Clinton Expected To
Order 90,000 American
Troops To Kosovo
By Michael Evans
Defence Editor
President Clinton is now ready to consider a full-scale land war against Serb forces in Kosovo, sending up to 90,000 combat troops from America, if no peace settlement emerges within the next three weeks.
Although Nato is only officially planning for a peace implementation force of 50,000-60,000 troops, there is a growing feeling in Washington and London that the alliance must prepare itself for a much bigger operation, involving 150,000-160,000 troops.
Mr Clinton's dramatic conversion, after weeks of apparent reluctance to send in ground troops, has emerged in the light of detailed briefings from General Wesley Clark, the Supreme Allied Commander, last week.
A new sense of urgency has been injected into Nato's contingency planning because of a warning from the military that a decision will have to be made "by mid-June" if the alliance is to contemplate a ground offensive.
The tight timetable is being dictated by the alliance's determination to start returning ethnic Albanian refugees to their homes in Kosovo before the winter.
The huge number of troops required for such an operation will be a daunting challenge for Nato. However, alliance sources said that with Mr Clinton committed to defeating Mr Milosevic one way or another, the US would be expected to contribute more than half of the force.
They estimated the US contribution could be about 90,000 troops who would be deployed from America, not from Germany. They might include the 12,500-man US 82nd Airborne Division, based at Fort Bragg in North Carolina, which was deployed in the Gulf War in 1991.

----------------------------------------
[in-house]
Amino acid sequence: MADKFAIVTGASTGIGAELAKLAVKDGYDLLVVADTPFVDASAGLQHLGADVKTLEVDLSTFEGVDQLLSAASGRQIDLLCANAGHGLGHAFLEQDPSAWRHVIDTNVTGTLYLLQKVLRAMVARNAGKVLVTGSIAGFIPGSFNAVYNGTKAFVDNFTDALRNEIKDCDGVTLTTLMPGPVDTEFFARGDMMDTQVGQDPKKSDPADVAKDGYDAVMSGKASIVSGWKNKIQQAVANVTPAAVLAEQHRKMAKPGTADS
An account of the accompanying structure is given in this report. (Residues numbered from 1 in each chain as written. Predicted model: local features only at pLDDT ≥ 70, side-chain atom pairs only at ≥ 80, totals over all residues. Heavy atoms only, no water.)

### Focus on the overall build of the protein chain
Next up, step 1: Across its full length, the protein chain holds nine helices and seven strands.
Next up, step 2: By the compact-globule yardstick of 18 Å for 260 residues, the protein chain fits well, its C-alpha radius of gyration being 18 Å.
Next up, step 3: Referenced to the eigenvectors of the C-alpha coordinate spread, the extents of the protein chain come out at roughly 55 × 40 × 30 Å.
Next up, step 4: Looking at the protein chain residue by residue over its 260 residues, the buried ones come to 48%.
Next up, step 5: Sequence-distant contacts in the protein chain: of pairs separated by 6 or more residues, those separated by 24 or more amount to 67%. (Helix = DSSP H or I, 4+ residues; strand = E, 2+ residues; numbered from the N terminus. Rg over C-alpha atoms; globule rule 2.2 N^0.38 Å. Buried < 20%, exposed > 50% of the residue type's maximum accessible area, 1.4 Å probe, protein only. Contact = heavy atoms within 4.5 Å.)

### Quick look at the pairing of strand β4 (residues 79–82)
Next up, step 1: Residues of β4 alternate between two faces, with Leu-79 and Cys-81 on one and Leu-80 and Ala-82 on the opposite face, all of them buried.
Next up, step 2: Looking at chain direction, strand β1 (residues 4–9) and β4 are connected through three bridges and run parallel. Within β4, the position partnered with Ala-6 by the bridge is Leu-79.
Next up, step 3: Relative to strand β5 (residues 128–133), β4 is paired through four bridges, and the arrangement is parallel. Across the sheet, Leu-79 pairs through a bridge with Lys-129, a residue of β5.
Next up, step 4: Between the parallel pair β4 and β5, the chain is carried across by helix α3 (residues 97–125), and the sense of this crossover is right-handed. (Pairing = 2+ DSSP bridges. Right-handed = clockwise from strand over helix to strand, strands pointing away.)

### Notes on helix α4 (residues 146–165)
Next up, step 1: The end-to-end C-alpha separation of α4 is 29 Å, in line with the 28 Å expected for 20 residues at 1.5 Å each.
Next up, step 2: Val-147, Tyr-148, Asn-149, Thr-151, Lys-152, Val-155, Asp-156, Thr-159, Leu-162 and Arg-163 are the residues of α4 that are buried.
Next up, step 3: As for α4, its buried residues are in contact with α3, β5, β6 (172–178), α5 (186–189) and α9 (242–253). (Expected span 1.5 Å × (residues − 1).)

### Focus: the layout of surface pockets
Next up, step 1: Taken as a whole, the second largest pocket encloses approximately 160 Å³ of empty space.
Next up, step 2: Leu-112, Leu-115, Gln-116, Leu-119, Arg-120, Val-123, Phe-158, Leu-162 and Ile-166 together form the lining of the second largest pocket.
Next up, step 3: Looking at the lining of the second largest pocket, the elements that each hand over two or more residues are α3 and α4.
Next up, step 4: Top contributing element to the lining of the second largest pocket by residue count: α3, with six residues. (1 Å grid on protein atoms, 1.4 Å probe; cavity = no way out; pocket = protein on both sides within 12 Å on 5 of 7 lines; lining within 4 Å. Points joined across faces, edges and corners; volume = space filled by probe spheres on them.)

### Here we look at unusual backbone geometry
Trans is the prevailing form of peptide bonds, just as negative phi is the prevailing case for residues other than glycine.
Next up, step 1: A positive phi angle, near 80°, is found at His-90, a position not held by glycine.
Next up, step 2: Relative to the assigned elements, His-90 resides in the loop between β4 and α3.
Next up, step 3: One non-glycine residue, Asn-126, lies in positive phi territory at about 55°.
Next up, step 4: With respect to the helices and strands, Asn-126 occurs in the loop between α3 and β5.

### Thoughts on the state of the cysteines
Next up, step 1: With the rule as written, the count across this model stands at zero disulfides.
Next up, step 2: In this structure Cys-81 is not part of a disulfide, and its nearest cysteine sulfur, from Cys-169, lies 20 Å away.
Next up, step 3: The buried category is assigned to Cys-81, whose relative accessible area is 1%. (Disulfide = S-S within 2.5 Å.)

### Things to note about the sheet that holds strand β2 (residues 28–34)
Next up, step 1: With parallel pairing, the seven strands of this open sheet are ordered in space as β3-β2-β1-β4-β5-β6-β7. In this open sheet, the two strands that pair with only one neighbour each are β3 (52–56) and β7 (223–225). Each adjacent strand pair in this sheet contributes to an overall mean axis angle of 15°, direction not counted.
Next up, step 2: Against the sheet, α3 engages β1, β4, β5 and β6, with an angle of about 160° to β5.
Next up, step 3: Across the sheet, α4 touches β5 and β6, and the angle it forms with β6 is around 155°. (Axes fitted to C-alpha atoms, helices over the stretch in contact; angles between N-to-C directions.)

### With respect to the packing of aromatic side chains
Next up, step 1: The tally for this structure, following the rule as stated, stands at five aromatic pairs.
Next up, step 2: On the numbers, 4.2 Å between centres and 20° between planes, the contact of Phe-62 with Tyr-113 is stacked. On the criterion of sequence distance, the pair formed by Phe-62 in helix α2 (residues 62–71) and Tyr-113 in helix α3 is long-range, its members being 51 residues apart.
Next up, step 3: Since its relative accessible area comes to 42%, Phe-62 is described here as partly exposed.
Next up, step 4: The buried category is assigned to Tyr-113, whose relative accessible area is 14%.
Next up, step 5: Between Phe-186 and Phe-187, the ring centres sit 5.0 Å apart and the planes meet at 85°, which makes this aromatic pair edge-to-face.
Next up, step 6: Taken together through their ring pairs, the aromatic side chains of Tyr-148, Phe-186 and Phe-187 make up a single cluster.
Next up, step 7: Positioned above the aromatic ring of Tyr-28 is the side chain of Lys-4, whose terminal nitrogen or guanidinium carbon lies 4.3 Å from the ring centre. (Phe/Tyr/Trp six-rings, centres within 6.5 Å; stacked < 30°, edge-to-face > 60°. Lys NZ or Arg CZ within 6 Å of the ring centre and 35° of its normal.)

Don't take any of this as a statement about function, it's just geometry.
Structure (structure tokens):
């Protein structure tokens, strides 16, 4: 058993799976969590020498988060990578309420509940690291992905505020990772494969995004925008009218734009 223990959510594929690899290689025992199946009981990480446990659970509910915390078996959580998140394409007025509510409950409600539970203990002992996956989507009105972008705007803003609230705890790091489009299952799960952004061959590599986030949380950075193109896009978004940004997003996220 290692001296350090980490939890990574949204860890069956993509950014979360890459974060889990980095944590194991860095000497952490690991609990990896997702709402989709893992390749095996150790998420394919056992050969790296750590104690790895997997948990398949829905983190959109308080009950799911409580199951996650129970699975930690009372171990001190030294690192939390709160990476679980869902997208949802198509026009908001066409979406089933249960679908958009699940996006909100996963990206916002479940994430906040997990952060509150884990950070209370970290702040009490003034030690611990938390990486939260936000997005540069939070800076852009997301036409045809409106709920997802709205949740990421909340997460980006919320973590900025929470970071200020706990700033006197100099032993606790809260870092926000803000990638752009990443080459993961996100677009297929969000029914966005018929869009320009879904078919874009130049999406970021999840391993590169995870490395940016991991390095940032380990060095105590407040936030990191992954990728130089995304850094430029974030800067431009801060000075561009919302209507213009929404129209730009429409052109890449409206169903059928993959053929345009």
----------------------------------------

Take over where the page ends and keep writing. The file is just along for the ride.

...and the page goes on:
Britain and France would also be expected to play a major part. Yesterday, George Robertson, the Defence Secretary, took the first step by announcing an extra 12,000 troops and support personnel for the peace implementation force, called Kfor. This will bring the total British military strength committed to the Kosovo crisis in Albania, Macedonia, Italy and the Adriatic to more than 19,000.
Although Mr Robertson insisted that it was not an invasion force, Tony Blair indicated in the Commons that the troops could be used for a combat role.
The alliance sources said that the size of an invasion force would depend on the amount of damage achieved by the airstrikes against the Serb troops in Kosovo over the next few weeks. Last week, it was estimated that the Serb strength in the province remained at about 40,000 in spite of two months of bombing.
However, Nato still hopes that the intensified bombing campaign combined with Russian diplomatic efforts will persuade President Milosevic to agree to the alliance's five conditions for stopping the airstrikes.
It is also recognised that if Nato were seen to be preparing for a land offensive, while backing Moscow's peace diplomacy, it could seriously undermine the already strained relations between Russia and the alliance.
Another key factor is that the alliance itself has to be held together, and any formal request made to the 19 member states for authority to plan for a ground war could damage the unity that has been maintained so far. Germany indicated yesterday that it would not veto a move towards a ground war, although its troops would not take part.
One resolve shared by the whole of Nato is that Mr Milosevic must not win, and the alliance sources said that if the air campaign and diplomatic efforts failed to get the Yugoslav leader to back down within the next three weeks, there would be no alternative but to prepare a ground offensive.
The alliance sources admitted that the operation would be difficult, "but not impossible", and that a number of ways into the province were being studied.